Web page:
Men get raped. Shocking? Men can be raped by both other men as well as women. In fact, the National Crime Victimization Survey found that roughly 38% of rapes take place against men, which was confirmed by the Bureau of Justice Statistics. That’s no paltry amount of victims. So, why is the perception that only women get raped? It’s because men are less likely to report being raped. The idea is that men always want to get laid, so why would they ever say no? Many men won’t even realize they have been raped, thinking they somehow gave consent without realizing it. According to Brown University, men are unlikely to report being raped because there is the societal perception that men need to be able to protect themselves at all times from anything.

It is not a man’s fault that he is raped anymore than it is a woman’s fault. Victim blaming has no productivity. That’s not the way the problem is handled, unfortunately. As highlighted by House of Cards, rape is a major problem in the military. In fact, military statistics show that over half of the victims are male, and 38 men are raped daily in the military. In interviews with GQ some men opened up about their experiences. I admire their courage for speaking out. A man formerly in the Navy named Steve Stovey was bound, blindfolded, and sodomized by three men the day before his father would come to ride on the ship with Stovey. He didn’t say anything for fear of shaming his father. Had Stovey reported the incident, the Don’t Ask Don’t Tell policy of the time would not only have had his attackers kicked out of the military, but also Stovey himself. Trent Smith allowed was scared to fight back because his assailant was a ranking officer, and he feared reprimand. And those who report are, like civilian men, met with skepticism. A man going by the name Neal reported being raped to his doctor. The doctor responded “Son, men don’t get raped.” For more accounts, follow the link to the GQ article. This perception is wrong.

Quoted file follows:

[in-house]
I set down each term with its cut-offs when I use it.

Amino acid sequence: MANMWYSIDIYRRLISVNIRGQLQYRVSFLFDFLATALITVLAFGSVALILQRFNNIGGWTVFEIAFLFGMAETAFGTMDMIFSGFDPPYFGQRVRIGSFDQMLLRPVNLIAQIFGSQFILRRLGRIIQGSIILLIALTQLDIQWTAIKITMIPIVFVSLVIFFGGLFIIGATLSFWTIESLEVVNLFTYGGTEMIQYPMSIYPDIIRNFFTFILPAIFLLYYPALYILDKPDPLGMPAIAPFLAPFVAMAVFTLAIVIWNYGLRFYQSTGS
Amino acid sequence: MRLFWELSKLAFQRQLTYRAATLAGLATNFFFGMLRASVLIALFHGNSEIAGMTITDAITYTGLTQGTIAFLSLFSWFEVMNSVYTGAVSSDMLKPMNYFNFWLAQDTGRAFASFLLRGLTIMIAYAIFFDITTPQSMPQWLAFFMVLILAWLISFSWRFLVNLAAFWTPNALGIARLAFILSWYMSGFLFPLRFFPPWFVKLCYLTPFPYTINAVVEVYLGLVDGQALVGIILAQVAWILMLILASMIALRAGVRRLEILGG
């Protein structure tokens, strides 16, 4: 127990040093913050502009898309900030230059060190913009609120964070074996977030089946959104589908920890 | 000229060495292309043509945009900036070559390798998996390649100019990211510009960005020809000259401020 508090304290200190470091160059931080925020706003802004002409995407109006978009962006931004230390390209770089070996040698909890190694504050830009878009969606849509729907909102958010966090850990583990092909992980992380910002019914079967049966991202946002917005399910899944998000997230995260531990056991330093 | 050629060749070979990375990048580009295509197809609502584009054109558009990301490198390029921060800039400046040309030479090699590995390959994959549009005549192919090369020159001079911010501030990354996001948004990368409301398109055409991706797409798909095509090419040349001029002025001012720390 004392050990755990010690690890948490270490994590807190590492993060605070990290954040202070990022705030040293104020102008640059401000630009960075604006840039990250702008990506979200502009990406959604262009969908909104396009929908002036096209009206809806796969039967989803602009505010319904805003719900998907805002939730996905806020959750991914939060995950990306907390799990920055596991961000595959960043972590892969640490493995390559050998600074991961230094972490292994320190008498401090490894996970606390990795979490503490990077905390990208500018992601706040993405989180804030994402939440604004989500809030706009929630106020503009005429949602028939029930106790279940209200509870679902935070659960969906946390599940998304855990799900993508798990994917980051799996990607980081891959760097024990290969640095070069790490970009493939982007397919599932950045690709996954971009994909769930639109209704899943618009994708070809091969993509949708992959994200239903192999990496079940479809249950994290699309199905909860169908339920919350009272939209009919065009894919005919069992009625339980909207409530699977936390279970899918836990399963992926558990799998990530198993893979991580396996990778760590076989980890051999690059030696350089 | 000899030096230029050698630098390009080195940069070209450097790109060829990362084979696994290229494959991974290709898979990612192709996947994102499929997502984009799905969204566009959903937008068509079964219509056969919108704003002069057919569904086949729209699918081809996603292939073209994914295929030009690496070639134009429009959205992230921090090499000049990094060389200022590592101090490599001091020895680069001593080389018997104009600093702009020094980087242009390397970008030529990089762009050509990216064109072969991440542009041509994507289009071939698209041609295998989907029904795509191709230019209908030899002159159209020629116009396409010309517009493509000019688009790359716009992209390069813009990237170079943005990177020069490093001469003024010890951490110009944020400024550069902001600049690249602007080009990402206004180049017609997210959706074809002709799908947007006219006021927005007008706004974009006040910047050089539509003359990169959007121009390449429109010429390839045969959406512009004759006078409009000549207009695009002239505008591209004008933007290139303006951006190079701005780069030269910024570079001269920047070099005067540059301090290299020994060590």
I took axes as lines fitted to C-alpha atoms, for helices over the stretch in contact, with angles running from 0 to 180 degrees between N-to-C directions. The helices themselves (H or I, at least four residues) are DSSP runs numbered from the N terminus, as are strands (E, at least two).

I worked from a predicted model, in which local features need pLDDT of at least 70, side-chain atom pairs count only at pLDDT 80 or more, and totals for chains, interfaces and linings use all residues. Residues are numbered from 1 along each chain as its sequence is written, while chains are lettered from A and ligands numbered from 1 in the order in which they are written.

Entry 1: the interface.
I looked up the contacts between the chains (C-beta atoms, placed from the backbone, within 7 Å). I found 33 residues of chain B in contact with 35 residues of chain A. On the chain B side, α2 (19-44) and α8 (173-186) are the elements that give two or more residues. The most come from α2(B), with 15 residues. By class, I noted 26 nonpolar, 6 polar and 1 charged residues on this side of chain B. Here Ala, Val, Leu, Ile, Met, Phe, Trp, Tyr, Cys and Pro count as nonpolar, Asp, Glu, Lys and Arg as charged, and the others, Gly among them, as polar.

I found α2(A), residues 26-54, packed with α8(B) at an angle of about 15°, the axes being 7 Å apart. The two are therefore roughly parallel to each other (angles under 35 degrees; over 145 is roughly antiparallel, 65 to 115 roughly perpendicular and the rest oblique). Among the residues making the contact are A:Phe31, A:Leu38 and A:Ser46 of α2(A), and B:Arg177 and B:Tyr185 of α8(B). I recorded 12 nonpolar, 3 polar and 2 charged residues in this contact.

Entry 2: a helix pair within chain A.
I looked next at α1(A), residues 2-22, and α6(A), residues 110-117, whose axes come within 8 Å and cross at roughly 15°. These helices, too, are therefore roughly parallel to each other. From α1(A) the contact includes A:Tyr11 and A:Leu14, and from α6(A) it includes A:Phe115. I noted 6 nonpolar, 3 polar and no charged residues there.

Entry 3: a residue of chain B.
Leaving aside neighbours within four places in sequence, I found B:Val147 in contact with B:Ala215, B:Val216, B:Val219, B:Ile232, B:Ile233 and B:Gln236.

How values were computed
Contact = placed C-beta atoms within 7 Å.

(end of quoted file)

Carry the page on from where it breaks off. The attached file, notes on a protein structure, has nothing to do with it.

LeBeouf wore a paper bag for the project.

Want a high profile example? Look at Shia LeBeouf. If you didn’t hear, Shia LeBeouf was raped during a performance art project called “#IAMSORRY.” Viewers got to see LeBeouf in a room in private with Shia. LeBeouf has opened up about the experience with the magazine Dazed. LeBeouf stated that a woman came in and whipped him for ten minutes, and then proceeded to rape him. The most insulting part? People are questioning whether he was raped at all. Evidence shows that what he says is true, but that doesn’t stop people from saying that he couldn’t be raped. In fact, CNN newscaster Piers Morgan wrote a series of Tweets victim-shaming tweets toward LeBeouf. Morgan said “Shia LeBeouf’s claim to have been raped is truly pathetic & demeans real rape victims. Grow up, you silly little man.” If being whipped, stripped, and forced to have sex isn’t a real rape, then what is? If a woman had this happen to her, it wouldn’t be a question if she had been raped. I know the threat of sexual assault is greater for women. I’m not challenging that. What I’m saying is that the fact that this is even a question is an insult.
The societal perception of masculinity needs to change. Men can be raped. Men are not always strong. Men don’t are just as important can be smart and likable. Fathers are just as important as mothers.
As I said at the beginning of this, I truly believe that women have more social rights issues than men. I think to say that men are dealt the worse hand would be ridiculous. My problem is the asssertation that men do not face any damages to our rights. My problem is the idea that if you support the rights of men, then you must be a misogynist. I’m not. I just support human rights. If we are to support equal rights, then we need to remember that equal means equal, and the rights of one should not be prioritized over the rights of another. If you are bothered by the societal harms to men, and thus are a feminist, I encourage you to also be a masculinist.

For more information on anything I talked about, follow the links scattered throughout. If you have any thoughts, leave a comment below.